+27 11 648 9500   +27 87 183 1933

Pro-Khaya Construction CC v Ashford and Others (1107/2020) [2021] ZAECPEHC 6 (19 January 2021)

31 May 2021

On 19 January 2021, the Port Elizabeth High Court handed down judgment in which it reviewed and set aside an arbitration award in terms of Section 33(1) of the Arbitration Act 42 of 1965. 

The Facts

The Applicant entered into subcontractor agreements with the Second and Third respondents in terms of the FIDIC’s “Red Book” (1999) for certain co-joined piping works. The Employer rejected the works due to defects and requested that remedial works be undertaken. The Second respondent represented to the Applicant that the Third respondent was the sole cause of the defective works. The Thirdrespondent refused to remedy the works, and accordingly, the Applicant appointed the Second respondent to do the remedial works. Upon completion, a dispute arose on the payment of the Second respondent due to the extension of the time for completion that resulted from the remedial works. The parties agreed on arbitration and the appointment of the First respondent (“The Arbitrator”). 

During arbitration, the Applicant submitted a counterclaim upon receiving expert opinion and expressed an intention to lead evidence on it. The Arbitrator determined the matter based on the documents in his possession without hearing evidence on the counterclaim and issued an arbitration award. Aggrieved by this, the Applicant instituted proceedings for the review and setting aside of the arbitration award. The Second respondent opposed the application and filed a provisional counter-application for the arbitration award to be made an order of court. 

The issue

The court had to consider whether the Arbitrator committed a gross irregularity as envisaged in s33(1) of the Arbitration Act 42 of 1965 in the conduct of the arbitration proceedings by not affording the applicant an opportunity to present evidence and argument on its counterclaim.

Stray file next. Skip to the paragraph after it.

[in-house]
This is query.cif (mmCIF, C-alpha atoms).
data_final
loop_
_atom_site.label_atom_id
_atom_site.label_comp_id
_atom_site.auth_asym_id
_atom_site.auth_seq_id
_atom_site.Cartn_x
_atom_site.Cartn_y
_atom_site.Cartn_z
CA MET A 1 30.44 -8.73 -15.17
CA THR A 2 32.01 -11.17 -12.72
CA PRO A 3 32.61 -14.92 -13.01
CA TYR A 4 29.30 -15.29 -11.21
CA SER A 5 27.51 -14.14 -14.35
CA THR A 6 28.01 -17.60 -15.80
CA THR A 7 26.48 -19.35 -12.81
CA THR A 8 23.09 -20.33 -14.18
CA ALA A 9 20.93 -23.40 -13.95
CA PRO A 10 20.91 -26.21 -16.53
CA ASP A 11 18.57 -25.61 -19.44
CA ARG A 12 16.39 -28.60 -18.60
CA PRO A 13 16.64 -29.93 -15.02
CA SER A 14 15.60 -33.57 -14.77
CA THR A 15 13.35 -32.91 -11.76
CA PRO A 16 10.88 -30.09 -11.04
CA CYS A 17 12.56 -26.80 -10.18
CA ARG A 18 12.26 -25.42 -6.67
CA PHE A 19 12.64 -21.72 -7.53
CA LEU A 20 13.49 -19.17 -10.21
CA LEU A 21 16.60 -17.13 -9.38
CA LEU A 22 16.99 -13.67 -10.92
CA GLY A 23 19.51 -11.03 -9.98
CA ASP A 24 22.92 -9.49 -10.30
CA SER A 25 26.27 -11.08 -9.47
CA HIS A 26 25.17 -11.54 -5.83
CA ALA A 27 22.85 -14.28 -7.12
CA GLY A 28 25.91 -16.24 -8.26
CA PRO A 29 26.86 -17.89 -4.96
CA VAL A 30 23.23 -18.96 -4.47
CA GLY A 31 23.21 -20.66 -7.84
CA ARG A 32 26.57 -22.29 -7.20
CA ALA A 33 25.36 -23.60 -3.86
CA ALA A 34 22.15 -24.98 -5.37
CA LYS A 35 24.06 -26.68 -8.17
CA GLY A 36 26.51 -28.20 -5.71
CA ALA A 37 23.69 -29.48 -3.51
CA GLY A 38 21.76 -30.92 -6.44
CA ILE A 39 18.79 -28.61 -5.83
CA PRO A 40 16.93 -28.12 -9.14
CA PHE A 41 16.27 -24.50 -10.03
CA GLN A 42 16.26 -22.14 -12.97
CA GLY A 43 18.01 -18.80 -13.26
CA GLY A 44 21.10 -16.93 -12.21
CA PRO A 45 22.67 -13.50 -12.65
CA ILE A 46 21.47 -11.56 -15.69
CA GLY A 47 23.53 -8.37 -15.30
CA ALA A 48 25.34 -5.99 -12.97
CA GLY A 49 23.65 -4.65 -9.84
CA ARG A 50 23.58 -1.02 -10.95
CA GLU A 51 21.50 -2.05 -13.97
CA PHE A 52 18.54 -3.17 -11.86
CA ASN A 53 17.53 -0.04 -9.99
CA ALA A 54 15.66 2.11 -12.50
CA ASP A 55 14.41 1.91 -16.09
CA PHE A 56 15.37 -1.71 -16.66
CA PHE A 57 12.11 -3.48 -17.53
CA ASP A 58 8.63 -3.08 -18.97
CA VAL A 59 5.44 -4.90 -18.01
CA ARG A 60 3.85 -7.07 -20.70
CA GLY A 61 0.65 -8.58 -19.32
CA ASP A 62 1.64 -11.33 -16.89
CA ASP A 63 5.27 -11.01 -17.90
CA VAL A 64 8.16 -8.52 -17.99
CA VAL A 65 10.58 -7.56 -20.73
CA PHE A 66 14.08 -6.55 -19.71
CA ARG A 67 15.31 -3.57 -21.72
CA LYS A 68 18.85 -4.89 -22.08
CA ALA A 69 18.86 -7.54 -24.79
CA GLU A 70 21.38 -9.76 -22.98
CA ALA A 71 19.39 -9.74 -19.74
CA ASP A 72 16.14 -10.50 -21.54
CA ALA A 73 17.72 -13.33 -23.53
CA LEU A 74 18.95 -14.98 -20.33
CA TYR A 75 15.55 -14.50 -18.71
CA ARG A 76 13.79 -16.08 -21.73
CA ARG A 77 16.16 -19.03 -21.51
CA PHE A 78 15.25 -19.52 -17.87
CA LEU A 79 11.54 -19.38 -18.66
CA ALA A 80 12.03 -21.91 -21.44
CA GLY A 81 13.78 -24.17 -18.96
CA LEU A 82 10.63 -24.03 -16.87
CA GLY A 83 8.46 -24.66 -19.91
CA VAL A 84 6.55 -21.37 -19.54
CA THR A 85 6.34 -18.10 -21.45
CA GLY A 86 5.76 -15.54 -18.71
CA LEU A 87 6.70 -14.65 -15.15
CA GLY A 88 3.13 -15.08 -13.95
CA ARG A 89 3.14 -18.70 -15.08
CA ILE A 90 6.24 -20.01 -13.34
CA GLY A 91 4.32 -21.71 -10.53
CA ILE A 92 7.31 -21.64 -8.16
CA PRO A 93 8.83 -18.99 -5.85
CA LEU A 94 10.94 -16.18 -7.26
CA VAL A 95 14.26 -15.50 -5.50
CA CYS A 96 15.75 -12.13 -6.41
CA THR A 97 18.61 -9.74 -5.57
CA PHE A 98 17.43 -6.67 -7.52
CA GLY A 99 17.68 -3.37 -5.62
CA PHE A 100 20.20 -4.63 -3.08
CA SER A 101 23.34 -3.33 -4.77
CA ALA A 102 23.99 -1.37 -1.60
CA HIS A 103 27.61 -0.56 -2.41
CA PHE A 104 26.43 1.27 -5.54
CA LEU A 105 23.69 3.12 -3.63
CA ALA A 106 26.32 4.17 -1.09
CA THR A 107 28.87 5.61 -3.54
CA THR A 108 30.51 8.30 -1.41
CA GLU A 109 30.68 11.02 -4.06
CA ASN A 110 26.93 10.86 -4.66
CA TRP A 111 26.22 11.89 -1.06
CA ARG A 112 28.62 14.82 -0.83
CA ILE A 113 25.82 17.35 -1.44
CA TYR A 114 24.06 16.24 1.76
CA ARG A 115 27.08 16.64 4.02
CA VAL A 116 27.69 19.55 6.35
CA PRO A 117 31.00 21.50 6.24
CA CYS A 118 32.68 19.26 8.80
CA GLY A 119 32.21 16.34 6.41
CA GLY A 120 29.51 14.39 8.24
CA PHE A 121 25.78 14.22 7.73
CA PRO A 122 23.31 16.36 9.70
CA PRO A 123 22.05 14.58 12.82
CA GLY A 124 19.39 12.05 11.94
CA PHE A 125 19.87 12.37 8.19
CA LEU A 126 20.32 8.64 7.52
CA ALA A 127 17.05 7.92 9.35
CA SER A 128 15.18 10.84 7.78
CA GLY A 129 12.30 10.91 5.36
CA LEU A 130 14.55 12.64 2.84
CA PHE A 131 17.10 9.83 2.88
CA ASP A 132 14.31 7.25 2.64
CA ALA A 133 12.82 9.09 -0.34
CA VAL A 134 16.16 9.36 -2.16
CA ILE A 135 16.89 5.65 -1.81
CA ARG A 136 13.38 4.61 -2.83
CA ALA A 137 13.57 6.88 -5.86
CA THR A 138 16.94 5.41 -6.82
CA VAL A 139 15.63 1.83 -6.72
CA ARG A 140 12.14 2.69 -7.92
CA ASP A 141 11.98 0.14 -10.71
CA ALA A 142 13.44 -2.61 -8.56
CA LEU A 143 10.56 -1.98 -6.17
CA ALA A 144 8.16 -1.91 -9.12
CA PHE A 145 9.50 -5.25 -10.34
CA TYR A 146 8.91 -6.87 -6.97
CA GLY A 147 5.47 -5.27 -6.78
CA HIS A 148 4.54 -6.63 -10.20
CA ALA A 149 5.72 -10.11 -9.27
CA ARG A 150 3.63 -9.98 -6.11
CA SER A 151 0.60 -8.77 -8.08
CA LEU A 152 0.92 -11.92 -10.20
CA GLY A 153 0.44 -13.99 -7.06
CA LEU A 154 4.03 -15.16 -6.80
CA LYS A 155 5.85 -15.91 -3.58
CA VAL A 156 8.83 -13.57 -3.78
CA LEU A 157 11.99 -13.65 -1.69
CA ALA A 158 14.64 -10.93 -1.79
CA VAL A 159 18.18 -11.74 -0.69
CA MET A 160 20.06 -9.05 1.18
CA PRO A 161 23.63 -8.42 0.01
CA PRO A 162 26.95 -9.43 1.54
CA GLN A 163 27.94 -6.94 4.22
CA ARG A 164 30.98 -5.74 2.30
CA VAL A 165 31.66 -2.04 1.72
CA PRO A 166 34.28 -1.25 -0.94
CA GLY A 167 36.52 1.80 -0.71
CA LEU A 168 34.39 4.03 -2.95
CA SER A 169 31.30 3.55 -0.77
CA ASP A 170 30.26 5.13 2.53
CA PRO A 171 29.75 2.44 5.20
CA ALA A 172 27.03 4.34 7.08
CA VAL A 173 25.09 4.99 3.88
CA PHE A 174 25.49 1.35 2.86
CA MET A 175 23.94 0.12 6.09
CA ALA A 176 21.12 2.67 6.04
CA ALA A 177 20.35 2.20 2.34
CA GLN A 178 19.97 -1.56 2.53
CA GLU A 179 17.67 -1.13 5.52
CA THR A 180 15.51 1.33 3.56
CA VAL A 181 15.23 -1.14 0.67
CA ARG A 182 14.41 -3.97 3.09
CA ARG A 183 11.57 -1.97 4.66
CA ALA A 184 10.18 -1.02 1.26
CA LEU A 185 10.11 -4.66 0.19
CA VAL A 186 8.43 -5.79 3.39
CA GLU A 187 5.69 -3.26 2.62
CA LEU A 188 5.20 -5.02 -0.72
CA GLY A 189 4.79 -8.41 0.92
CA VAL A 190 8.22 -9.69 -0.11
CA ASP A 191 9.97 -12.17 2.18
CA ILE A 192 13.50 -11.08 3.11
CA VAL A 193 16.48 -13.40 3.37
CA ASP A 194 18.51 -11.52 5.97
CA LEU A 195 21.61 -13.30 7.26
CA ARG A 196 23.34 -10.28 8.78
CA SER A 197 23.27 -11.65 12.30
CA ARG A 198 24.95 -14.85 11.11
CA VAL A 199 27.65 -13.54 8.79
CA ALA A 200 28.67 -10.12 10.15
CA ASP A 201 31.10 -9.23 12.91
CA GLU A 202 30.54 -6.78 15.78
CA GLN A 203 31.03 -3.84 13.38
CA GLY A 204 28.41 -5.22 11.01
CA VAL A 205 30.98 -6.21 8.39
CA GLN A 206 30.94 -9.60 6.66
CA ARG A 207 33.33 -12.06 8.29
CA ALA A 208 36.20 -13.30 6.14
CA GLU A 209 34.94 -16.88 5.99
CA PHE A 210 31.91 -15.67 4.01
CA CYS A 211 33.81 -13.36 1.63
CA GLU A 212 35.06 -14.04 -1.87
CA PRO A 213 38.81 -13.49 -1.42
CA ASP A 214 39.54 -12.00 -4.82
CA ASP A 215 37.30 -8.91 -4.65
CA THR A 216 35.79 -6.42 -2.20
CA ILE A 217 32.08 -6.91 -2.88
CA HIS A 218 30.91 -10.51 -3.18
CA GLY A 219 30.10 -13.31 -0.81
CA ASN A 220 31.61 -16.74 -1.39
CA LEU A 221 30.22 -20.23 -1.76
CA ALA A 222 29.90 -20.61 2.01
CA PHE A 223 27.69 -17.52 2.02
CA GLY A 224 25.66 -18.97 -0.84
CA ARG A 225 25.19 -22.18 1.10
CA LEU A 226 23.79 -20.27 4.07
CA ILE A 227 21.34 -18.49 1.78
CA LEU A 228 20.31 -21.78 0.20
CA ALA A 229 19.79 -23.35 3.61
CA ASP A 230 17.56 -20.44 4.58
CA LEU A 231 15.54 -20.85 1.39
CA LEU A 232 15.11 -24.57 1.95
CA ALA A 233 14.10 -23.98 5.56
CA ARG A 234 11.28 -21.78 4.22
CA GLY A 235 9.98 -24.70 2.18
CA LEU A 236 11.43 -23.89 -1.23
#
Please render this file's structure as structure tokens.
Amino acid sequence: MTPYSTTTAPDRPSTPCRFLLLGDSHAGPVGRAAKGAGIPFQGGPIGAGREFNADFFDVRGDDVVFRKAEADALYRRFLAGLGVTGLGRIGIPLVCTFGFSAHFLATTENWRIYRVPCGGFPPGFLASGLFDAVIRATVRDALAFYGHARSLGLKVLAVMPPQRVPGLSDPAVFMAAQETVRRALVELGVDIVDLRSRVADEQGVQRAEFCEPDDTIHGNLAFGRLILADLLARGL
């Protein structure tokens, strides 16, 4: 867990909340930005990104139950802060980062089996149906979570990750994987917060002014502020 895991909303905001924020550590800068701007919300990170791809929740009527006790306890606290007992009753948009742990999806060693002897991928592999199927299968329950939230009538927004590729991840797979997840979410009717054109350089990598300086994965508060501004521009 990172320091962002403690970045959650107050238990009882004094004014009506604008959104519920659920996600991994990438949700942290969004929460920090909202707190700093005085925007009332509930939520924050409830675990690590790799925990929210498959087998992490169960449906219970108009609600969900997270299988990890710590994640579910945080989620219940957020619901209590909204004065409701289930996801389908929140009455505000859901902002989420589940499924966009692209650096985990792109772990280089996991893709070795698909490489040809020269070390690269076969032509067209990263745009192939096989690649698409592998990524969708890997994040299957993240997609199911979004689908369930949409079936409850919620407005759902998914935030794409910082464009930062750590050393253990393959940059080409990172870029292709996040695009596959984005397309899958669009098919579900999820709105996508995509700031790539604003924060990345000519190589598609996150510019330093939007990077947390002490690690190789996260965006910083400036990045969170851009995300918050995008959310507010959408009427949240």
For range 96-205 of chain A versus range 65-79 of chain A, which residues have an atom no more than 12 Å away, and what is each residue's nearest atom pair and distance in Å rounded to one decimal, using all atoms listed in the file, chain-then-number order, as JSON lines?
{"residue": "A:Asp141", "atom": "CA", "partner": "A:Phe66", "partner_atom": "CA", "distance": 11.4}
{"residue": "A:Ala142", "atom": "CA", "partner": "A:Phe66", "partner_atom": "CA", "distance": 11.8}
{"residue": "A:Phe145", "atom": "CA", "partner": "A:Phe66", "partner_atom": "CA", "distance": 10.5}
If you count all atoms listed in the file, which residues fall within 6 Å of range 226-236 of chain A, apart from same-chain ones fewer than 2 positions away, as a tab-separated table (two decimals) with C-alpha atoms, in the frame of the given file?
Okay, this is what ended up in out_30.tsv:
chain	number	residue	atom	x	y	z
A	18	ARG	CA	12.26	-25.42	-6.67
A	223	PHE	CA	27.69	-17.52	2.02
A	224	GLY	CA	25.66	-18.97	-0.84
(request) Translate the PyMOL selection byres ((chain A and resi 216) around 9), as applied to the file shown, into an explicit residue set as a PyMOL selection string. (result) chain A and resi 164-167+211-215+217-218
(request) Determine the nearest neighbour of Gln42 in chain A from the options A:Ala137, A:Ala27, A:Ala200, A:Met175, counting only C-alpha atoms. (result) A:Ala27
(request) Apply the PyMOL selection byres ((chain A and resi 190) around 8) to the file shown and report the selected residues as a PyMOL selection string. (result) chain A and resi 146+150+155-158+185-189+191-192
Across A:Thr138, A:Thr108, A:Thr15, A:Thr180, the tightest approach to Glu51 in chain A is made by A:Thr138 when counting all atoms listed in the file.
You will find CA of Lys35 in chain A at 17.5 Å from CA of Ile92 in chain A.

The application of the law

Section 33(1) of the Arbitration Act provides for the setting aside of an arbitration award in instances where an arbitrator (a) misconstrued himself in relation to his duties or (b) has committed gross irregularity in the conduct of the proceedings. The Arbitrator argued that the parties were afforded an opportunity to indicate whether they intend to file further submissions on the counterclaims and the applicant did not file any submissions. He argued further that there was sufficient evidence in his possession to determine the issue of the counterclaim and as such the procedural irregularity, if any, did not cause prejudice to the applicant. 

The court stated that the Arbitrator’s argument was void of merit. It stated that the Arbitrator acknowledged that it was not competent for him to determine the issue without hearing further representations on the counter claim in an email sent to the parties on 13 July 2017 where he advised as follows: 

Whereas all proceedings in the arbitration had been concluded, apart from the matter of the Respondent’s counterclaim, and for which appeared that some further presentations to the Arbitrator by the parties would warrant consideration, the arbitration process between Strata Civils and Pro-Khaya Construction with particular regard to the matter of the Respondent’s counterclaim, would be suspended.” 

The Court’s findings and order

Consequently, the court found that the issue of the counterclaim had not been ventilated and the Arbitrator’s failure to afford the applicant an opportunity to lead evidence and/or make submissions on the counterclaim caused severe prejudice to the applicant and prevented a fair trial of the issues. The court held that the Arbitrator committed a gross irregularity in the conduct of the arbitration proceedings and set aside the arbitration award. The case was remitted to the Arbitrator to allow the parties to present evidence and submit representations on the Applicant’s counterclaim. The Second respondent was ordered to pay the costs of the application. 

Importance of the case

The case illustrates the importance of fairness in arbitration proceedings in view of the binding nature of arbitration awards in Construction Contracts. An Arbitrator must ensure that all the issues are ventilated, and evidentiary issues, if any, are dealt with before a determination is made. An Arbitrator cannot unilaterally decide that there is sufficient documentary evidence to determine a matter in an instance where a party or both parties have an intention to present evidence or submit representations on an issue to be determined. This decision is merely of persuasive value to other courts of equal status, and it will be interesting to see how another court will decide on a matter of similar facts.